Remarkable autograph musical manuscript by Johann Sebastian Bach, one page both sides, 7.75 x 6.25, no date but circa 1728, being a fragment from the church cantata Ich habe meine Zuversicht (BWV 188). This section is the lower half of folio 17 of the original manuscript, comprising bars 59b-66 and 73-76 of the 4th movement, scored for alto with cello and organ obbligato, on four systems of four hand-drawn staves. The present fragment comprises 11½ bars from the conclusion of the movement, including the words "‰Û_Seinen führt, unerforschlich ist die Weise, Wie der Herr die Seinen führt, unerforschlich ist die Weise, Wie‰Û_" The piece has been inlaid in a larger sheet and encapsulated in archival mylar; the lower stave is in very good condition with minor ink acidification, while the upper system is affected by heavy ink corrosion causing a number of cracks and losses, reinforced with early archival film (now toned). Displayed in a handsome custom-made blue morocco portfolio, with only the attractive lower half displayed.
Most likely composed for October 17, 1728 (or possibly November 6, 1729), BMV 188 is a cantata for the 21st Sunday after Trinity and uses text drawn from Picander. Bach wrote the piece in the key of E minor, which he frequently associated with the crucifixion. The ensemble is made up of four voices, two oboes, viola, organo obbligato and basso continuo. In the fourth movement, the dramatic heart of the cantata, the text "Unerforschlich ist die Weise" ("The ways of the Lord are past understanding," a meditation on the cross and human suffering) is elaborated as a dark, expressive aria for alto voice set against a virtuoso organ obbligato.
Bach's original manuscript for BMV 188 has suffered more vicissitudes than most, with the first 10 of the 18 leaves being lost at an early date (probably before the 1827 auction of the estate of Wilhelm Friedemann Bach), taking with them the great majority of the first movement. The remaining leaves are now widely scattered, with four leaves being cut up (as here) into two or even three pieces. Although the resulting fragments are now located in ten holdings in eight countries, they are nevertheless sufficiently continuous to enable the 2nd to 5th movements to be reconstituted. The present fragment, which comprises the lower half of fol. 17, is identified in the "Kritischer Bericht" of the Neue Bach-Ausgabe [New Bach Edition] as A14 ("unbekannter Privatbesitz"). The same source notes that the marked ink acidification which has affected the upper half of the present fragment is typical of the dismembered leaves, and is in part a result of the dense compositional script of the composer, in this instance with many tripletised semi-quavers.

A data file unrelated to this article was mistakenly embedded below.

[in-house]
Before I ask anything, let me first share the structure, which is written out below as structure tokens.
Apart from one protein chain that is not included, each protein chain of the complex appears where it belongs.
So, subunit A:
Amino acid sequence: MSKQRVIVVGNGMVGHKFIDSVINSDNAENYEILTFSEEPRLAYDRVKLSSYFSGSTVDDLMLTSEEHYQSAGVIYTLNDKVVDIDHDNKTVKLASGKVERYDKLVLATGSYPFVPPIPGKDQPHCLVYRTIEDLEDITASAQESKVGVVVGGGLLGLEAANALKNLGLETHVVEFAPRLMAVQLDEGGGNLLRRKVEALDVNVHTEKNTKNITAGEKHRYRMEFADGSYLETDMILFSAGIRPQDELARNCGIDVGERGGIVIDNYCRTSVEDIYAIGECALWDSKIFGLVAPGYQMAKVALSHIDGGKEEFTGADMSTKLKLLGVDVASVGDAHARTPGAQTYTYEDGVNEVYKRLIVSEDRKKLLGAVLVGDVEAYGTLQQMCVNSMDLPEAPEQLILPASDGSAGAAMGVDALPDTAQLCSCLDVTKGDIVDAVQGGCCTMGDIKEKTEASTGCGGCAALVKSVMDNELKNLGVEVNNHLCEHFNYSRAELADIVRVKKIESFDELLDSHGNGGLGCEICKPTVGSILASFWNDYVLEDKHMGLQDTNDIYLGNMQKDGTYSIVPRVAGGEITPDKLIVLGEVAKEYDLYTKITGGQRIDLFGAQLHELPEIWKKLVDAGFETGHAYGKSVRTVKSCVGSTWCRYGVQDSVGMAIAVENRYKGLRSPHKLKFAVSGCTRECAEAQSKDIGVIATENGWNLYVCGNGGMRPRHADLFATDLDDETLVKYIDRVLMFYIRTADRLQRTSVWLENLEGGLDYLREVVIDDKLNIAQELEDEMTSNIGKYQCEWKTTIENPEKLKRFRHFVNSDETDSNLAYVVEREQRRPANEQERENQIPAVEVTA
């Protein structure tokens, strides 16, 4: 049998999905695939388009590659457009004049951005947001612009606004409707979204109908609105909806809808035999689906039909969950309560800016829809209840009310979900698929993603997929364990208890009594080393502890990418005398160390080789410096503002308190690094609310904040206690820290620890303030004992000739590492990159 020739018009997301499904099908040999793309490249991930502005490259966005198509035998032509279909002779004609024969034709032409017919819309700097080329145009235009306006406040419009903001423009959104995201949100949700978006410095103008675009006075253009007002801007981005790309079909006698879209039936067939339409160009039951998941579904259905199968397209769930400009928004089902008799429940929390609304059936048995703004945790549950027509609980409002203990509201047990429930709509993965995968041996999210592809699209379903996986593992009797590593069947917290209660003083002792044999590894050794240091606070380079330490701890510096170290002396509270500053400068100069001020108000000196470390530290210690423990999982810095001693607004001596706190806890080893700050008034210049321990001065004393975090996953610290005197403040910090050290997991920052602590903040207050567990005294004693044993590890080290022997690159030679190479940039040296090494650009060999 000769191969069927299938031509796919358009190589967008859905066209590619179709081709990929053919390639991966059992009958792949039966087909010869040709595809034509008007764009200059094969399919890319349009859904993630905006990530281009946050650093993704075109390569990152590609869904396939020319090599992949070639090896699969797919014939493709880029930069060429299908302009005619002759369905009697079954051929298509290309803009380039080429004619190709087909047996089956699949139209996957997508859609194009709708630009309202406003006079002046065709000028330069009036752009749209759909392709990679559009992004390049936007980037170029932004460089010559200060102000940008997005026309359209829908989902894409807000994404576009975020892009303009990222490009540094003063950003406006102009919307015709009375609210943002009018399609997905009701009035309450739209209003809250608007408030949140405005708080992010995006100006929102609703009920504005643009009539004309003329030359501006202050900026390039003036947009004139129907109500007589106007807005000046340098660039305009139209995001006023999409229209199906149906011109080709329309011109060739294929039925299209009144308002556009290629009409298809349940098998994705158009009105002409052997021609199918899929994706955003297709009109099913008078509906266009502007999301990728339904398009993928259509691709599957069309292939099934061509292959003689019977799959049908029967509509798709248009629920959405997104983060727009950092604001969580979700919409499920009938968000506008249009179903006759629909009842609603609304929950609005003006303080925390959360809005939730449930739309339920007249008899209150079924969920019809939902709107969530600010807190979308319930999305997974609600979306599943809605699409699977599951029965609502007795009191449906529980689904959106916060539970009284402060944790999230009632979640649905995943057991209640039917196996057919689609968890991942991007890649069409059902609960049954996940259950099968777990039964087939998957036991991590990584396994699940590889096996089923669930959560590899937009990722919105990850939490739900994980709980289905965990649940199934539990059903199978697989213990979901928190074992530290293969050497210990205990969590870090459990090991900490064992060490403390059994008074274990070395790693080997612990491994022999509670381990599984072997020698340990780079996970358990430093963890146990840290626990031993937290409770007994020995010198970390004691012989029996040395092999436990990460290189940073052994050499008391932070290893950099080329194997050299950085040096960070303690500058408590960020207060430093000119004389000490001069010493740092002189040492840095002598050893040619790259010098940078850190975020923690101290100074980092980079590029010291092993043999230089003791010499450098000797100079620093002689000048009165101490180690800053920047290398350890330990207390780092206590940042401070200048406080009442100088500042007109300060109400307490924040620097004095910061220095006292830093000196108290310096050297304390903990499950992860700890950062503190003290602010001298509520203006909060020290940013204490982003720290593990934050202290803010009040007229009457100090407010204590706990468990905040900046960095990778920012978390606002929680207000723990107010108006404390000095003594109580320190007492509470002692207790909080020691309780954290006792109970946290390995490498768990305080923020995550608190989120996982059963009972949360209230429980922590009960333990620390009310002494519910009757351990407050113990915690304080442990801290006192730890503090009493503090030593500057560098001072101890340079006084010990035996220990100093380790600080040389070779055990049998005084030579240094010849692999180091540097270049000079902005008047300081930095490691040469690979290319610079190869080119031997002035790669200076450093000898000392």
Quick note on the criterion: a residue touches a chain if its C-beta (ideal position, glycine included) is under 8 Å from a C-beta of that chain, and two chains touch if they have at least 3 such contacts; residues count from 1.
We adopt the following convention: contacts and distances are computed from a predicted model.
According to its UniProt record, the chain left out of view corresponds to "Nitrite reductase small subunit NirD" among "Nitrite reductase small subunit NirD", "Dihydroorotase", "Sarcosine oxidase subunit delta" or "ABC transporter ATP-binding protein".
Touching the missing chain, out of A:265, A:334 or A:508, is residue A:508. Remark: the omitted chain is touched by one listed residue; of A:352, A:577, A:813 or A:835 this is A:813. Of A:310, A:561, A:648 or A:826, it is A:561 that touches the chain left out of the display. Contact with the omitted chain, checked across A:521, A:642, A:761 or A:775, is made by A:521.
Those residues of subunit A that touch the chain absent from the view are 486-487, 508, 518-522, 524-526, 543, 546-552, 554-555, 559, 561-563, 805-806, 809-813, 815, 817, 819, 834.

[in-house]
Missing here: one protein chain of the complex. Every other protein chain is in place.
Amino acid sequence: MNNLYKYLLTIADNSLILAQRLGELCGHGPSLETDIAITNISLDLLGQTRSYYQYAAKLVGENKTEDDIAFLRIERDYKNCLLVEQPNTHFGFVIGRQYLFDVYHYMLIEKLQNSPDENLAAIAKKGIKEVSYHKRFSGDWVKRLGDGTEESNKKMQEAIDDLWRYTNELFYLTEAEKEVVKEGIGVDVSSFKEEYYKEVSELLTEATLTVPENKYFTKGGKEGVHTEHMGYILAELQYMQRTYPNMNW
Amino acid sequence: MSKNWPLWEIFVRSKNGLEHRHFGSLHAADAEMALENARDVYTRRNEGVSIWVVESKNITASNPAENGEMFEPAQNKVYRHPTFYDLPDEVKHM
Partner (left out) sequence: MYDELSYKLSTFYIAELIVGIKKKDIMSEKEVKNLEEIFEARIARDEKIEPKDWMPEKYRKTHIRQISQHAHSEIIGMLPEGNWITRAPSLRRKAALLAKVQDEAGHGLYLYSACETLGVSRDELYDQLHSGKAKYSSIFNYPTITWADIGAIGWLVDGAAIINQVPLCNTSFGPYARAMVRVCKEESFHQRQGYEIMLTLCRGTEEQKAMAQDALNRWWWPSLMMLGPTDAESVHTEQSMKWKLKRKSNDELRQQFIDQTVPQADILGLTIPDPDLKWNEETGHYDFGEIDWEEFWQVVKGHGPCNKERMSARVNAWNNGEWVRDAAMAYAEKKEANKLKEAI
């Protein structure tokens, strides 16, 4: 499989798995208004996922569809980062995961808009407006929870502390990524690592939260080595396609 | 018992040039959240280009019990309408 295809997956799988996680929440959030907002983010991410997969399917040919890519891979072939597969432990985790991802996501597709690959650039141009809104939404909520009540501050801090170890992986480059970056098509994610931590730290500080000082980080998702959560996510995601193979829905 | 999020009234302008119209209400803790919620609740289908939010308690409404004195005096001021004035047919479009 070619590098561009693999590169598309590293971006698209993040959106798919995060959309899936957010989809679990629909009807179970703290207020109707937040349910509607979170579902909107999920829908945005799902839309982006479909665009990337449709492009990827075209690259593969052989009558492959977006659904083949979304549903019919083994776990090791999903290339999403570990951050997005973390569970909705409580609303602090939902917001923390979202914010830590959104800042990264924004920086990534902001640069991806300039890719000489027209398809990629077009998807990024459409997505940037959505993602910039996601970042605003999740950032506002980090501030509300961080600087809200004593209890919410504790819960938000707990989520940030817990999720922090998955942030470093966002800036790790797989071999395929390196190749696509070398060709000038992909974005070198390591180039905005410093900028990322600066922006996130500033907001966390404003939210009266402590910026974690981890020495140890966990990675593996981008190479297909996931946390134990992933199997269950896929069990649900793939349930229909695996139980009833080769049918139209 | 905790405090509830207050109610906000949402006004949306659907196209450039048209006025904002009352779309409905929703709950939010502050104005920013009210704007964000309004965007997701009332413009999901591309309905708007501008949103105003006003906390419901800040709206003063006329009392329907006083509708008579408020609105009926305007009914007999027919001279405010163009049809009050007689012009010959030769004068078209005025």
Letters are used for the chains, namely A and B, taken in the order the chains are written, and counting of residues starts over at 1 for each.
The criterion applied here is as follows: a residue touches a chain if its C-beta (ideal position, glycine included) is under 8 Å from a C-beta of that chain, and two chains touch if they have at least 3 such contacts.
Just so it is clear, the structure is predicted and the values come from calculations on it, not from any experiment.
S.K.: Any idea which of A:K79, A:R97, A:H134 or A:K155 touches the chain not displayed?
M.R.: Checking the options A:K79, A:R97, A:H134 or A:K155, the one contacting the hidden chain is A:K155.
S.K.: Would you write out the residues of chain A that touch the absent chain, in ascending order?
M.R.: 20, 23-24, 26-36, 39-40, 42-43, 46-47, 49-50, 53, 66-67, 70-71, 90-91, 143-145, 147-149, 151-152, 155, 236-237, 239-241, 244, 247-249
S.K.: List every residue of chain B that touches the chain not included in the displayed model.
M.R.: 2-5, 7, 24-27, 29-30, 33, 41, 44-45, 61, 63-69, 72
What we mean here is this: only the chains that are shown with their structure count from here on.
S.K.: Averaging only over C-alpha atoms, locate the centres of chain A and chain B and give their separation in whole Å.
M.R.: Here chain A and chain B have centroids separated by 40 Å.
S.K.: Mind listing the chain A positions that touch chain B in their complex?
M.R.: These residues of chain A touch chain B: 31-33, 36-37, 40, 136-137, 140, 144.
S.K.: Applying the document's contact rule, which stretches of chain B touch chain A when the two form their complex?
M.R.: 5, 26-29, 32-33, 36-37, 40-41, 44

Provenance: The autograph score of BWV 188 is thought to have been among a group of manuscripts inherited by Bach’s impecunious eldest son, Wilhelm Friedemann, and sold by him at auction in 1774. Parts of the Wilhelm Friedemann Bach estate were again auctioned in 1827, being acquired by the inventor and collector Carl Philipp Heinrich Pistor (1778-1847). Pistor’s manuscripts were inherited by his son-in-law, Adolf Friedrich Rudorff (1803-73), from whom they passed to the musicologist Friedrich Wilhelm Jähns (1809-88). The present leaf was one of four acquired from Jähns by the Viennese collector Gustav Petter (1828-68), who is thought to have been responsible for their dismemberment. The last owner of the present fragment traced by the "Kritischer Bericht" is Nora Kluge (née von Hase) of Lübeck, wife of the composer and musicologist Manfred Kluge (1928-71), probably inherited from her grandfather, Oskar von Hase (1846-1921), proprietor of the music publishers Breitkopf & Härtel. Sold at auction at Christie’s, 4 November 1981, lot 144, when it passed into the collection of the Canadian chemist and physician Frederick Lewis Maitland Pattison (1923-2010; his bookplate on the portfolio’s inside front cover); sold again at Christie's, 20 May 2014, lot 15. See: Neue Bach-Ausgabe (1997), Kritischer Bericht, A14.